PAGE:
JF: The financial world and book publishing are very, very different. When you’re a money manager, it’s all about competition, which I enjoy. You’re competing against every other money manager and the market itself. It’s a battle you want to win as often as you can, and you want to mitigate any losses. Running my firm, I was surrounded by good people who were experienced professionals and proven winners. I never hired anyone I didn’t expect to be of partnership caliber. Writing a book, on the other hand, is a solitary endeavor. I was competing with myself to write well, to make the book better with each draft. Initially, I thought publishing was first and foremost about art, and it is, but what I quickly learned is that it is also, of course, a business. Beyond producing a good book, publishing takes a hard look at the costs to produce and promote against anticipated sales and dollar receipts.

BRC: In many ways, the financial world that you described then feels the same as we envision it now, but in others, today’s world feels a lot more cutthroat. I would love to hear what you think. What’s changed?

JF: In the ’70s and ’80s, hedge funds were run as private partnerships. By and large, that meant you could suffer your mistakes privately, and if you were ultra-successful, you could keep the dollar thing to yourself. Now, everything is so public. Managers are closely followed by the media. If you do well, you’re touted as a rock star, and if you stub your toe, it’s cited in print and across digital sites and you’re publicly humiliated. In today’s world, results are actively followed, which can lead to resentments as some outperform others. It’s not an attractive quality, but it’s out there.

BRC: The section where you talk about the Iran oil crisis and its effect on the world of finance showed the average person how tricky it is to make decisions about the market, using a pivotal moment that many will remember. Were those memories vivid, or did you have to research them?

JF: I wrote about events and scenarios that I experienced firsthand. I wanted to add color and perspective, so Rogers’ professional investments, for example --- Resorts, Brown-Forman --- were meticulously researched. It was all about writing what I knew, researching and double-checking facts, and presenting this all to readers in Rogers’ voice.

BRC: Clearly being smart is not the only thing that one needs to succeed in the world of finance. Rogers is constantly weighing risk. As you were writing, you knew how a deal was going to end. Was writing the tension a challenge?

JF: No, because I know these feelings all too well. I know the loneliness of making decisions. Am I right on the fundamentals? Is my timing correct --- is it too early or too late? I’ve lived my professional life with it. I had to make sure that what I put on paper was, in fact, what I was thinking.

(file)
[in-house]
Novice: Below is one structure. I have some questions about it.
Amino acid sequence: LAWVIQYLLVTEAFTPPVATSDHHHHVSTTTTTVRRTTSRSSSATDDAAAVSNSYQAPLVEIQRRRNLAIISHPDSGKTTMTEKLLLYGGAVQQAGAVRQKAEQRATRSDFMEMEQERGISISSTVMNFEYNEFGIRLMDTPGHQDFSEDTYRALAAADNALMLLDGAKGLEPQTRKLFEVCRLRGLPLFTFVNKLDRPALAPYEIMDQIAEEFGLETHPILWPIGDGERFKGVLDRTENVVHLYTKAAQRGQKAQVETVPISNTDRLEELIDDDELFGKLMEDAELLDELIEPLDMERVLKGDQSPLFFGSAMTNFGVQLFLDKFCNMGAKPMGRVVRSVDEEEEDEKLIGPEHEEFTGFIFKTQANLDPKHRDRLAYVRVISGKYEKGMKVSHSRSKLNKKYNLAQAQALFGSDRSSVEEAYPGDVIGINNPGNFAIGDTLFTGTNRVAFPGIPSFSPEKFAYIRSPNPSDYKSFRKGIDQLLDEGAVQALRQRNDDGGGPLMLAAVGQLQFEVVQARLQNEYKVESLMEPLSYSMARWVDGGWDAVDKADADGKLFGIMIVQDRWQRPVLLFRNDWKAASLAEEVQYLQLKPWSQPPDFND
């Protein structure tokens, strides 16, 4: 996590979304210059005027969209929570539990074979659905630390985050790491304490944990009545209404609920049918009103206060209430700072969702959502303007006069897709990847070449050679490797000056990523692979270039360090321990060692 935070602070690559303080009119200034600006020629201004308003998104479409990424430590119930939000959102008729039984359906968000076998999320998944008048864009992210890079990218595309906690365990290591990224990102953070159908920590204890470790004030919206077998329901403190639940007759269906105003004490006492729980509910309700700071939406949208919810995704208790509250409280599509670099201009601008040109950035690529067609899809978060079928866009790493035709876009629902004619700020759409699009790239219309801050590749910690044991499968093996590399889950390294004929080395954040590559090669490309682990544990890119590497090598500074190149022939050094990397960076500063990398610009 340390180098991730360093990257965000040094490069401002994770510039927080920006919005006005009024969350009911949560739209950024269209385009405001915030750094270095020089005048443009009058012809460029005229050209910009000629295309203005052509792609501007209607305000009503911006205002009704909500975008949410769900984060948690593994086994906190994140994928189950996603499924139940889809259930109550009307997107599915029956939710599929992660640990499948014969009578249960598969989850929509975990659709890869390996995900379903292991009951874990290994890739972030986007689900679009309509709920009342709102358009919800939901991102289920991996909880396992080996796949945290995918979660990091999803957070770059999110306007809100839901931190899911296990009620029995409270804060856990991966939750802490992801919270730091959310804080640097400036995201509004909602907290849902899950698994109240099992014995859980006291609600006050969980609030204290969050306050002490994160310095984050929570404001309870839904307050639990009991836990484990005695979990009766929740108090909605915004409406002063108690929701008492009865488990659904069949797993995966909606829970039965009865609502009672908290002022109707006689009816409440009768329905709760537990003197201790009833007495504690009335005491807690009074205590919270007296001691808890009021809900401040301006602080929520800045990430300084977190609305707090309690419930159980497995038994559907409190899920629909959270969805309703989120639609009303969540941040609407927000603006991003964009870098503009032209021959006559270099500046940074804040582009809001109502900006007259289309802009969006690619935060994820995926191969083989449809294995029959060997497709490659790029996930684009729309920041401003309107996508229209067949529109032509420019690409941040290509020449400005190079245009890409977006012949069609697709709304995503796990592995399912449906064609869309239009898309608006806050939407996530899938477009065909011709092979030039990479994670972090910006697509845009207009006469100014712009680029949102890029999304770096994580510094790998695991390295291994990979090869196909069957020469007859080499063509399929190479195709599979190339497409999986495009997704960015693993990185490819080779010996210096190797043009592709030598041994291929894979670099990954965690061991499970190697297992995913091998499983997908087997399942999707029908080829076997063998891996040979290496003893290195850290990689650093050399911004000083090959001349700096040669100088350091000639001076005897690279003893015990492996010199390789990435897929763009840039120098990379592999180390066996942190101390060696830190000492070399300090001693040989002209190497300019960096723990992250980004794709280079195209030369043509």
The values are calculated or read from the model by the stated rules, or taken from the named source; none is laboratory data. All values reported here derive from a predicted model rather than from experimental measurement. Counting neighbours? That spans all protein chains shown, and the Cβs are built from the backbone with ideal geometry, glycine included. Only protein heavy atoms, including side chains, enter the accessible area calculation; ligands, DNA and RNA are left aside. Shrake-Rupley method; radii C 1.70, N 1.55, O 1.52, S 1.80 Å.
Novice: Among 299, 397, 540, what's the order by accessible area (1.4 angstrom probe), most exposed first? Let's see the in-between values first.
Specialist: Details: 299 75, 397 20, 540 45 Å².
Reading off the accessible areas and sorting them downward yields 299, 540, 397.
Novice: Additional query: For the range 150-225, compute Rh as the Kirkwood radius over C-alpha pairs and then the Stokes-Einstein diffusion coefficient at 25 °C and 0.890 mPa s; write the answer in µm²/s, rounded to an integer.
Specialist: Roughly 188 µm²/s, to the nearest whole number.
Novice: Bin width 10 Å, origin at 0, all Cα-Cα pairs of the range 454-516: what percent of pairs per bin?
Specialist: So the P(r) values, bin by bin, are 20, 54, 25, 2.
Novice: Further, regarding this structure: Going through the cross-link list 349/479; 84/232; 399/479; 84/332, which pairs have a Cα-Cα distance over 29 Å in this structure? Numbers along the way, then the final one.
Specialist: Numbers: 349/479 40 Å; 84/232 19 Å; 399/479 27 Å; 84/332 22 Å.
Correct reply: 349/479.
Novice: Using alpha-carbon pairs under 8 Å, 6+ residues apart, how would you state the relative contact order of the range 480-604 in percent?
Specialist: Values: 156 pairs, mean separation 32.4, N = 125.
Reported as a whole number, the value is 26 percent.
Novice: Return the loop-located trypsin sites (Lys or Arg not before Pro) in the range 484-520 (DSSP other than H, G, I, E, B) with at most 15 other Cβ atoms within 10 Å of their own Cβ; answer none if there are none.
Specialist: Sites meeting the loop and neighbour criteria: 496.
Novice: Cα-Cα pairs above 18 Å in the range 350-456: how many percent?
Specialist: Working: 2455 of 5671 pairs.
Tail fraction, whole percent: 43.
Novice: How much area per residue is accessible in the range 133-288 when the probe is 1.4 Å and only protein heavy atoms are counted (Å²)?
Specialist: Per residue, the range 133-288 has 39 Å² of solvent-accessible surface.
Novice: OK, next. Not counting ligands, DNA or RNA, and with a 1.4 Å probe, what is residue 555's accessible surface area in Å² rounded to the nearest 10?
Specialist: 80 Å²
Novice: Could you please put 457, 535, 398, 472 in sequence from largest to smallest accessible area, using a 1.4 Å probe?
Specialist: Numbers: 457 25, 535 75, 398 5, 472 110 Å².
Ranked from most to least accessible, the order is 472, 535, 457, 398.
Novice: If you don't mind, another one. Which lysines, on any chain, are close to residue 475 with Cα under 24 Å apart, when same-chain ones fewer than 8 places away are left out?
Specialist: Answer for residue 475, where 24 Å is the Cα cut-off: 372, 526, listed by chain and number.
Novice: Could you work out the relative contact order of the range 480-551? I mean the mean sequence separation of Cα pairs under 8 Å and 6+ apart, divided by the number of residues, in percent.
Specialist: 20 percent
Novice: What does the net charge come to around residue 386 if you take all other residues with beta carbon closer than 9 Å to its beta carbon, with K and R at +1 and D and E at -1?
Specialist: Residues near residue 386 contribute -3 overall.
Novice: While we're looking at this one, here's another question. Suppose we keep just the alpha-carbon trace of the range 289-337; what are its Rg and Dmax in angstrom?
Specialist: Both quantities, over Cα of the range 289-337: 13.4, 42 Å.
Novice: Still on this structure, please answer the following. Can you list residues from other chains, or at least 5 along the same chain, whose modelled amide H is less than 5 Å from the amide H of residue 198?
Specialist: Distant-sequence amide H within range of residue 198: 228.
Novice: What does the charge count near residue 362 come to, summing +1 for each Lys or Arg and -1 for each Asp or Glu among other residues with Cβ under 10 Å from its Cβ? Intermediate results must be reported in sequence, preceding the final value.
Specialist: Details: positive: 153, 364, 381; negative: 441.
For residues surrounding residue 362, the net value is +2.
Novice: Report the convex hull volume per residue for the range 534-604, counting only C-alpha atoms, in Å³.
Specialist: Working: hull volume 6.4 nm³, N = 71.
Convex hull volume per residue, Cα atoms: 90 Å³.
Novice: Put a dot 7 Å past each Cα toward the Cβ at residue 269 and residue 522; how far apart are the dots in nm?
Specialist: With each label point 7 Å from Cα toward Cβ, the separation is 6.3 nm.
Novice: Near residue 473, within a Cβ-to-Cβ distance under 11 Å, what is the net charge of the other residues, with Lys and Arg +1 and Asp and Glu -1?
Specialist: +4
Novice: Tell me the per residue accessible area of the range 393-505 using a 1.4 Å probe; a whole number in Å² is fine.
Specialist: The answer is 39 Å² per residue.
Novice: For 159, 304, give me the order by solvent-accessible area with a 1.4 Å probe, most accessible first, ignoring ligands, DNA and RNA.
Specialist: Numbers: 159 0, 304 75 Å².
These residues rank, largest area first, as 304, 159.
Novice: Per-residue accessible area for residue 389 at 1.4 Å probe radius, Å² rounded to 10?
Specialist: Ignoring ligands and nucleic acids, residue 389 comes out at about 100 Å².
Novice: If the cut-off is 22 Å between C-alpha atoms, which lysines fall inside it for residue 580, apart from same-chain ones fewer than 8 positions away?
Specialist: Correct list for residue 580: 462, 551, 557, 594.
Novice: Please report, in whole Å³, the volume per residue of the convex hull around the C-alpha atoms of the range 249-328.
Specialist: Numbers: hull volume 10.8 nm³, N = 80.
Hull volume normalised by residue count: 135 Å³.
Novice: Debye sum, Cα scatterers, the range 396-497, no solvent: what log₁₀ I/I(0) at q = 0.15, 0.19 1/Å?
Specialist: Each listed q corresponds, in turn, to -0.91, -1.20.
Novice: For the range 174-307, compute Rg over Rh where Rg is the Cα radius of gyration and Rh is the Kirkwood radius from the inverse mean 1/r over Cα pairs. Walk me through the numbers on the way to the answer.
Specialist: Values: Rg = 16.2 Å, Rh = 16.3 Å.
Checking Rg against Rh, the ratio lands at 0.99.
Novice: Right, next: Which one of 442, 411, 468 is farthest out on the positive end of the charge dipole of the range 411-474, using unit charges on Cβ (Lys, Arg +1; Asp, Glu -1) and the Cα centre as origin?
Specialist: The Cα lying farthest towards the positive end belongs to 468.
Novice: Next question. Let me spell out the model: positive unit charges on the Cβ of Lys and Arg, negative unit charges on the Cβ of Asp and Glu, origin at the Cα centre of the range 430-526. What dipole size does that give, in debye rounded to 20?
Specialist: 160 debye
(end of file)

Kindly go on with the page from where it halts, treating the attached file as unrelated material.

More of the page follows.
BRC: You clearly are a master at conquering the market. Many of our early readers told us that they learned a lot by reading this book. How difficult was it to drill down your expertise into something that you knew readers would understand?

JF: It was difficult. In my first draft of the book, I glossed over investing nuances in some sections. People I had asked to read the book and Marc Jaffe, my editor, came back to me asking for more detail regarding the financial intricacies. Writing the descriptions wasn’t difficult, but I had to be careful that I added language to explain thoroughly concepts such as leverage and short sales. I knew I had it right when I got their positive responses on later manuscripts.

BRC: Readers have come to know a lot about the world of hedge funds after watching “Billions” on Showtime. How close is that show to real life?

JF: Not even remotely close! It’s all entertainment imagination, with outsized main characters such as the prosecutor and some of the money manager’s right-hand henchmen. Most individuals working at hedge funds are normal human beings, people who are smart as hell and motivated as hell, but really just pretty regular folks. In reality, the job entails coming in every day, working hard, listening, weighing risk and making decisions. And unlike on “Billions,” most go home to families, eat dinner, watch some TV and go to bed early.

BRC: If you were giving advice to someone who was going into work in the financial world today, what would you tell them?

JF: Don’t chose this career just for the opportunity to make a lot of money. You may, you may not. You have to love it. You have to want to come in every day. You have to be able to peel back the onion on yourself and make lonely decisions. You have to look in the mirror, knowing that you believe in yourself. The fact is the highs are very high, but also, the lows are very low. Your performance is out there quantitatively in black and white; you embrace it or not. You cannot phony it up.

BRC: We hear that you are working on another novel. What can you tell us about it?

JF: Yes, I’m working on another novel. For the moment, I’m keeping anything more about that one to myself.